: We’re back! And we have the combination!
Wait. Wrong universe (sorta).
Anyway. After two weeks of break (which is not the same thing as two weeks of rest, mind), we’re back into a normal routine, which means continuing to be disappointed by ourselves of the past, or at least myself, because I remember liking this book, once upon a time.
In other news, Z has a pair of work deadlines, so once again I’m taking your lead.
: Popping in here with my commentary, popping right back out to my proposal draft.
: Luke admits he’s in a better neighborhood than they were, and asks where they are going. Lando points to a plant shop –yup, that one. He explains that Spero doesn’t actively owe him a favor (for once), but he’s a good information source. They get a lot of dirty looks for being in stormtrooper uniforms, but nobody will mess with them either.
They enter the shop, and it’s empty–and then they hear a Wookiee behind them. Lando raises his arms, they turn around, and it’s Chewie. Speed hugs and speed explanations; Lando eventually starts to translate. Chewie tied up Spero in the back, to make it look like he wasn’t involved. Leia thinks Black Sun is who wants Luke dead, they don’t know how to get into–
That’s a blaster bolt through the open door, and four non-uniformed individuals are blasting away. How they missed at the range they could have gotten I’ll never know. Luke asks who’s shooting and why, Lando asks who cares, they determine there’s another way out through the back, they pass Spero (and Lando tells him to send the Alliance a bill), and out they go–or try to, the back-exit guard fires (over their heads).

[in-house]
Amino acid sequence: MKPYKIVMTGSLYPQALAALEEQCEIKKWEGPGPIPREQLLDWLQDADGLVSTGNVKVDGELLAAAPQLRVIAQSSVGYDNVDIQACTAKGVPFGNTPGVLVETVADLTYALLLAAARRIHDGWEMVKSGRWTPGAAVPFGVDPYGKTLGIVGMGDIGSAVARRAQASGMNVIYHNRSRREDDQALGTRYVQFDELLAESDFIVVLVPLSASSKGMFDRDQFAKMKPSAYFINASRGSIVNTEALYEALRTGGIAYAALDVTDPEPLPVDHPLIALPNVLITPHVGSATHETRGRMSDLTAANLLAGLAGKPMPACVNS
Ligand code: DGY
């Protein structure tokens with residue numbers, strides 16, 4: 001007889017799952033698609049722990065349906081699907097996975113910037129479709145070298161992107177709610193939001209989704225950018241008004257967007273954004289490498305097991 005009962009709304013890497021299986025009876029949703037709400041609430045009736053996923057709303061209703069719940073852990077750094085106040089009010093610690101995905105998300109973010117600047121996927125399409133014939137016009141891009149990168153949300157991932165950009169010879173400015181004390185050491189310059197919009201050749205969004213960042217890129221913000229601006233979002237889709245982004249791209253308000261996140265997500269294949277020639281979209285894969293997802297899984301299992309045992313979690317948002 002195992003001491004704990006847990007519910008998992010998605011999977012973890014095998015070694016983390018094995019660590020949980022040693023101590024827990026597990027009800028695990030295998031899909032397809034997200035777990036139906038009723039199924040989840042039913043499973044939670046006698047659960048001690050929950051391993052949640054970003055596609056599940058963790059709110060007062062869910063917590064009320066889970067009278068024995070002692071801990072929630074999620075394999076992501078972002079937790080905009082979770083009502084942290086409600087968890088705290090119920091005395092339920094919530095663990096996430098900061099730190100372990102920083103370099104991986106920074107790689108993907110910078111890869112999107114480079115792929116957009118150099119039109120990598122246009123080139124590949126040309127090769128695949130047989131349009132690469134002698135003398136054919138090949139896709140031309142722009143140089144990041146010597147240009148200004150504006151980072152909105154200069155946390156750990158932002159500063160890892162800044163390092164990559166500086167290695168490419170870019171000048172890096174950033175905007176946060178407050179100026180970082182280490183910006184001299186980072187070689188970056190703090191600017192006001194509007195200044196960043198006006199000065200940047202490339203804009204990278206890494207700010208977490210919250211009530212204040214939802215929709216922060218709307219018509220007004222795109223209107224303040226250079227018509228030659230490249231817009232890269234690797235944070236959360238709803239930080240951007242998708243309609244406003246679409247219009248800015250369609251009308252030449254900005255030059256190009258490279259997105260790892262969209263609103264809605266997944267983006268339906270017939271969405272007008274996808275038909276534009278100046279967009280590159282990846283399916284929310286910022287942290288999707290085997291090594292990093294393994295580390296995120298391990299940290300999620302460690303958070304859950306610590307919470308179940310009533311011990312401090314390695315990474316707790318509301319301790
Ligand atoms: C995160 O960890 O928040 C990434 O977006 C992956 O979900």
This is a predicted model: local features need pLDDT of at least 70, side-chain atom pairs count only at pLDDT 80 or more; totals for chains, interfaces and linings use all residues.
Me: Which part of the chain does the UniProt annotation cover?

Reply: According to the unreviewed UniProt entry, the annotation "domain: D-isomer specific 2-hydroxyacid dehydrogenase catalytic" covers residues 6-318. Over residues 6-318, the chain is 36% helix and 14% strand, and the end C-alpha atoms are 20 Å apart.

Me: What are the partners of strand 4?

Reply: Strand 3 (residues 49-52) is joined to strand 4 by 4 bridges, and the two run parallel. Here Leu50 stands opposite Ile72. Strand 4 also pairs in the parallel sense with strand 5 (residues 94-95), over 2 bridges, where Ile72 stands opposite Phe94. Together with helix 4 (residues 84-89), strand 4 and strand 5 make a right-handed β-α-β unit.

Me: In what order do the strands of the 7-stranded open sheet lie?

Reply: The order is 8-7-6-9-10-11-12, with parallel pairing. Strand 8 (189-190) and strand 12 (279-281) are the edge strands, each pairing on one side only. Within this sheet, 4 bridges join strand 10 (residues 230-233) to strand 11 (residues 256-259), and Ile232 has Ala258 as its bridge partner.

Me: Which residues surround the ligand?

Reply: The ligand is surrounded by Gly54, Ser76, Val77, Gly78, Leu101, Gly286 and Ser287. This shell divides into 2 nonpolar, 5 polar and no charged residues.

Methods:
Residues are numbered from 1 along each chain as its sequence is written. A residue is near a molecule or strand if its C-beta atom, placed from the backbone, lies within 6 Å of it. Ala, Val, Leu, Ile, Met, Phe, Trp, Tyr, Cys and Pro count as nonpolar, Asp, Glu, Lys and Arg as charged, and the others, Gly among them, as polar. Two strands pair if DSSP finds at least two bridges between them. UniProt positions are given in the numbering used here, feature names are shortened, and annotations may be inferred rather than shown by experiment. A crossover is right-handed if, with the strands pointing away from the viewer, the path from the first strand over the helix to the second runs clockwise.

: …and I’m still screaming “Are you going to leave the Ho’Din tied up?! In the middle of a firefight? Not knowing who these people are and whether they’ll come in and torch the entire place as soon as you’re out?!”
: They’re boxed in, right up until someone screams, and Dash Rendar shows up again, does a complete “blaster spin and blow across the top,” no, I’m not kidding, it’s in the text, and Dash says “come on, let’s go.”
: There’s a moment, when Luke recognizes Rendar and thinks “he’s saving me again, I hate that,” I actually said out loud “You’re not the only one, Luke.”
: Scene shift. Vader asks if “you” (a small man, no name) are certain. “He” is. It’s a tape documenting a freelance agent telling an Alliance crew chief that killing Luke Skywalker would make her rich. They have the records. No clear connection to Xizor, but Vader’s agents are on it. They’ll find who the agent was, who paid that agent, and so on and so on. More circumstantial evidence, for now, but eventually, Xizor will fall from this.